Tempers cool on divisive Churches’ Bill

Raging debate: Religious leaders are outraged at the proposed amendments
Raging debate: Religious leaders are outraged at the proposed amendments

Debate of the divisive Churches’ Bill has cooled, marking a dramatic change from last week when one MP broke his glasses in protest, another threatened to strip naked, one vowed to die in the fight and another burst into tears.

Among the raft of proposed amendments to the Churches’ Act is a hotly debated proposal to raise the number of people required for the registration of a religious organisation from ten to 250. Government says the change is to prevent the proliferation of unscrupulous “prophets”, but opponents say the clause is paternalistic and seeks to dictate to the faithful.

Debating the motion during a less dramatic session of Parliament, Gaborone Bonnington South MP, Ndaba Gaolathe, said the bill had touched at the fibre of who Batswana are as a people.

“I want to put it to you that the provision that puts the 250-threshold to start a church, compromises freedom. It is against freedom. It attacks our freedom. “When we look at the demography of Botswana, many of our people live in small settlements and cattle posts with populations of less than 200 people.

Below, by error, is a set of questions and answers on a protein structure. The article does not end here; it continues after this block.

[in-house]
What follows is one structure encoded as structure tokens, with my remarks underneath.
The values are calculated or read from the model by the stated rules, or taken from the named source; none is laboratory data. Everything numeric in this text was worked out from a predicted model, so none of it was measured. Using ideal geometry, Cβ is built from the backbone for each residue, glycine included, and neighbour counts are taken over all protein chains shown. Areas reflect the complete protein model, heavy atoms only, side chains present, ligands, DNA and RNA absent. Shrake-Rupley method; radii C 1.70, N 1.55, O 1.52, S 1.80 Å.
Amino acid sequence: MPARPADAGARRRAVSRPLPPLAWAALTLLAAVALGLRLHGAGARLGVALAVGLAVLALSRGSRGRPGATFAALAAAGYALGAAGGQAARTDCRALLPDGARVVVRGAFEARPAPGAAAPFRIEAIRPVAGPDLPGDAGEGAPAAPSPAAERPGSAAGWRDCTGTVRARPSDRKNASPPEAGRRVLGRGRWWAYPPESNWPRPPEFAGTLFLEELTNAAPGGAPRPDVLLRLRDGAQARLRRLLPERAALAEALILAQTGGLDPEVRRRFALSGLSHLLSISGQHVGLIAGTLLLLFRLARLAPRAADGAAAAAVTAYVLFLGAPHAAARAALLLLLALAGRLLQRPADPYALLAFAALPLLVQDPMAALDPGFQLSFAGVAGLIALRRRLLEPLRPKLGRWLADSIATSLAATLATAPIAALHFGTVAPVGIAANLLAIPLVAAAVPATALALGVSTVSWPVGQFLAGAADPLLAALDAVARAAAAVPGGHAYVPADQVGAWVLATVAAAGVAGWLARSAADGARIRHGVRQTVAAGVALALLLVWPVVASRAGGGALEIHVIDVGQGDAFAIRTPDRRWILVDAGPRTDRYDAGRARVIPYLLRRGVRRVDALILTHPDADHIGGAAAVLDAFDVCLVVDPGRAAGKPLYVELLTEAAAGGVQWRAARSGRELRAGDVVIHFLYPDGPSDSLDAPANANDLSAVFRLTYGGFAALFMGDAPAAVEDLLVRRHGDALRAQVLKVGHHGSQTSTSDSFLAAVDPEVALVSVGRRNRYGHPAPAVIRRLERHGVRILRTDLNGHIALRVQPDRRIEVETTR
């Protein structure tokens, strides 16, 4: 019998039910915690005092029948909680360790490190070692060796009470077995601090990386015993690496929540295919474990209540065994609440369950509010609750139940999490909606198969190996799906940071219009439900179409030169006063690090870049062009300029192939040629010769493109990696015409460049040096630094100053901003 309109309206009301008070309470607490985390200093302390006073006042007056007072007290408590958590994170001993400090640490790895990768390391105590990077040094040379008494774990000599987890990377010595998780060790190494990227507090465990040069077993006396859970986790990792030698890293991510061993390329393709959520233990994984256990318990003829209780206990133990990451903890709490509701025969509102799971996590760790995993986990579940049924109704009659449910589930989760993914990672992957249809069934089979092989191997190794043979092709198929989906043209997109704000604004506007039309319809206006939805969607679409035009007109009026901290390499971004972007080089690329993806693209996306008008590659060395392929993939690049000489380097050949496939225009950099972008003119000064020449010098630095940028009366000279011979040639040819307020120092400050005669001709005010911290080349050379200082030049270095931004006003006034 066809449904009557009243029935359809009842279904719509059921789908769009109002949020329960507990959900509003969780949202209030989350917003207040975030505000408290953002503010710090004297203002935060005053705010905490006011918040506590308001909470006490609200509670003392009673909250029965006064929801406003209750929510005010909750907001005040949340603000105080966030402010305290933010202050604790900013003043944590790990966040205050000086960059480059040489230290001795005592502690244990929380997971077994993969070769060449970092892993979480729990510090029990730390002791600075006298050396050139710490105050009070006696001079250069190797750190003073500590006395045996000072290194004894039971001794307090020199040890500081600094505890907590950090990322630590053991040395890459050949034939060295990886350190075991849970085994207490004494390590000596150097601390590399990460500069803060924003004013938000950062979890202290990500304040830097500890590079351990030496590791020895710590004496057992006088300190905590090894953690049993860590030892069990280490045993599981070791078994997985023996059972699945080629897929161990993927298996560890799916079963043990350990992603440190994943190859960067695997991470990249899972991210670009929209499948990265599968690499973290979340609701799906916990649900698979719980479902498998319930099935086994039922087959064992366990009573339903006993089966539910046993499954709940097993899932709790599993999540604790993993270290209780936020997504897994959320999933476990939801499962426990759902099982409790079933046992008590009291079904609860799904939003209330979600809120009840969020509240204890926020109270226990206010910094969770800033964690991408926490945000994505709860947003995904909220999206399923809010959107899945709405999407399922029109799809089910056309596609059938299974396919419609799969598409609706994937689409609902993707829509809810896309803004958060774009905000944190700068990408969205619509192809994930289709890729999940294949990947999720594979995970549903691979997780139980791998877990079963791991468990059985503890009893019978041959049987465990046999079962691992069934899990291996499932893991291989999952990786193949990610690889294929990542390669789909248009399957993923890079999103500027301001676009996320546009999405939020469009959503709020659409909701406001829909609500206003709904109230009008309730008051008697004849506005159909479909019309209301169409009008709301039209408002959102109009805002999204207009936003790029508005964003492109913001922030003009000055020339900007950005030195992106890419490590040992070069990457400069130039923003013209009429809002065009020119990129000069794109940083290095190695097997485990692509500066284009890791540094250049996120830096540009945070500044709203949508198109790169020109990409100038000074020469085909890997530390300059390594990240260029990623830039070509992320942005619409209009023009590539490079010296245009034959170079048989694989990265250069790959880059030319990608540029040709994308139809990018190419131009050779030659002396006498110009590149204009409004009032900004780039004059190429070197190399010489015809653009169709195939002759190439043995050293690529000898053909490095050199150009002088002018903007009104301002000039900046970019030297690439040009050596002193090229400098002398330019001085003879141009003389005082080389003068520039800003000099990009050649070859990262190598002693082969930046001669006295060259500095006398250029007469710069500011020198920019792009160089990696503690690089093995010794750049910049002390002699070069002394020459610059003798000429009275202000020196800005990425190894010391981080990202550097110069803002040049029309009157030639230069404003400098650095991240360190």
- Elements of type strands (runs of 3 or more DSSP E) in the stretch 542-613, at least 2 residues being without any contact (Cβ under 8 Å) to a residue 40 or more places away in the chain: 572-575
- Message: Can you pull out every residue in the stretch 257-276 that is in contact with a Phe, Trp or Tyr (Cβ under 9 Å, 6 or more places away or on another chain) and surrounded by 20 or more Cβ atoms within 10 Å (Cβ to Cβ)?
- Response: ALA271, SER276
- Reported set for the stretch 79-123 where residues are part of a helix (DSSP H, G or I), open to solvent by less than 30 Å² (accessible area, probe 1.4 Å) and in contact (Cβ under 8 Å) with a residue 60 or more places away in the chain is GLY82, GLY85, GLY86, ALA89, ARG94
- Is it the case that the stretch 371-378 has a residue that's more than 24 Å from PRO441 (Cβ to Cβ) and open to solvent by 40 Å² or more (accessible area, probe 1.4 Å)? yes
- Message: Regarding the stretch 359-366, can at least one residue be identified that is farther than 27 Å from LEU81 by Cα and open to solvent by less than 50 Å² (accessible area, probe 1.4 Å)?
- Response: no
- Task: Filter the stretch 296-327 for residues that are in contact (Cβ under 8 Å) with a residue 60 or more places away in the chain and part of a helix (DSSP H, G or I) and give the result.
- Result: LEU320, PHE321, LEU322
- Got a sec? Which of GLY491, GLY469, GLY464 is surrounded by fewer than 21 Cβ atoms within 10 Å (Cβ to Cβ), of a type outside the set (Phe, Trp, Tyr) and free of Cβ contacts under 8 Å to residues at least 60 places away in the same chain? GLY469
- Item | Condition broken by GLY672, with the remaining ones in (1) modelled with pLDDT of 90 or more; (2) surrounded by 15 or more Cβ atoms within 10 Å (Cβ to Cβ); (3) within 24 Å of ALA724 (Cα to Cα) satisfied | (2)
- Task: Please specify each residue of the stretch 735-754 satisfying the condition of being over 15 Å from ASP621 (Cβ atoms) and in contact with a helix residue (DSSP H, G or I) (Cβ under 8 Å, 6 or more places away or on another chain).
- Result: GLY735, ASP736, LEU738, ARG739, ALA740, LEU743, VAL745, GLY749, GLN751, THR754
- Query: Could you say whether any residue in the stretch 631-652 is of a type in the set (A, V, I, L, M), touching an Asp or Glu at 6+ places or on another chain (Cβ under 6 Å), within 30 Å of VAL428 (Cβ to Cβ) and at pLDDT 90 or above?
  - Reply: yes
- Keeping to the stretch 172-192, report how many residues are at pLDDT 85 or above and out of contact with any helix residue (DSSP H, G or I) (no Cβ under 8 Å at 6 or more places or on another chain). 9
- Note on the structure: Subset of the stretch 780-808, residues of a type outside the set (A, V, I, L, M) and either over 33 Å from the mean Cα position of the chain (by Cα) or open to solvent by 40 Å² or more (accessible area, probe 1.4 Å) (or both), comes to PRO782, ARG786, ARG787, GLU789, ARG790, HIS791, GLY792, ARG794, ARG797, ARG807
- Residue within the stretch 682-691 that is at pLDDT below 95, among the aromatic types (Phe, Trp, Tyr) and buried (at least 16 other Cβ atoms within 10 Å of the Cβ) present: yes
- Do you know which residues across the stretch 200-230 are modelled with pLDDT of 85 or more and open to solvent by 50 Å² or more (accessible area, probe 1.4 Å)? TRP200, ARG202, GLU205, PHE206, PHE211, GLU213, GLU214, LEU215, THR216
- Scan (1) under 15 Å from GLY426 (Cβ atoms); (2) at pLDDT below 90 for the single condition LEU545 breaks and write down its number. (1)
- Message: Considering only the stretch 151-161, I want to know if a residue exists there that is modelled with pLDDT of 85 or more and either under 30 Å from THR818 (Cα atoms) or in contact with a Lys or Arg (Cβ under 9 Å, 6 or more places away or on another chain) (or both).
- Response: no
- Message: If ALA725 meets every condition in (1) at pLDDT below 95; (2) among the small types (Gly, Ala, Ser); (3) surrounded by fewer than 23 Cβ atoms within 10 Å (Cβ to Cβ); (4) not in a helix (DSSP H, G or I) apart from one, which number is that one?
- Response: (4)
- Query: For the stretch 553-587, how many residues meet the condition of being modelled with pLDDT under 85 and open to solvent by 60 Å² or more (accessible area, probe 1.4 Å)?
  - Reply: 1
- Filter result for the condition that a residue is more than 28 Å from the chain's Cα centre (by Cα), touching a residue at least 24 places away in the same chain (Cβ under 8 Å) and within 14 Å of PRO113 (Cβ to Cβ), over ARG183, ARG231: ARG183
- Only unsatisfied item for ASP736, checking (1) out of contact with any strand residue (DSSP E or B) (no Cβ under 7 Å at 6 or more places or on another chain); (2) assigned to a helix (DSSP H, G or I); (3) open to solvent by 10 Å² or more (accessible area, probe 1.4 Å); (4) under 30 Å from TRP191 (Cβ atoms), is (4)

“People living in these small settlements do not enjoy the freedom to form a church,” he said.  The soft-spoken legislator said some of the “finest men and women in Botswana” had been made through a foundation in churches with less than 250 congregants.

“One thing we promised our people is that we would fight for their freedom,” he said.

“What is at stake as I see it here is the freedom of our people to express their spirituality.”

For his part, Justice, Defence and Security Minister, Shaw Kgati said his constituents in Bobirwa had agreed with the amendments and would gladly accept the increase in the threshold.  “Most of them expressed their worry over the mushrooming of churches in the constituency,” he said. “They also want stern action to be taken against those who break the law. Some were even extreme saying the threshold should be 350. Local Government and Rural Development minister, Slumber Tsogwane also supported the proposed amendments, describing them as overdue.  “I support the amendment on behalf of the people that I represent and the Botswana Democratic Party government,” he said.

However, Gabane/Mankgodi MP, Pius Mokgware said the 250 threshold would lead to the mushrooming of illegal churches.

“I agree that Botswana is flooded with ‘economic missionaries’, but the amendments will not solve the problem.

“If you come up with a law you cannot enforce, you breed corruption,” he said.

“The threshold will also curtail the freedom of religion.” The Gaborone Central MP Dr Phenyo Butale said the amendments were unwelcome.

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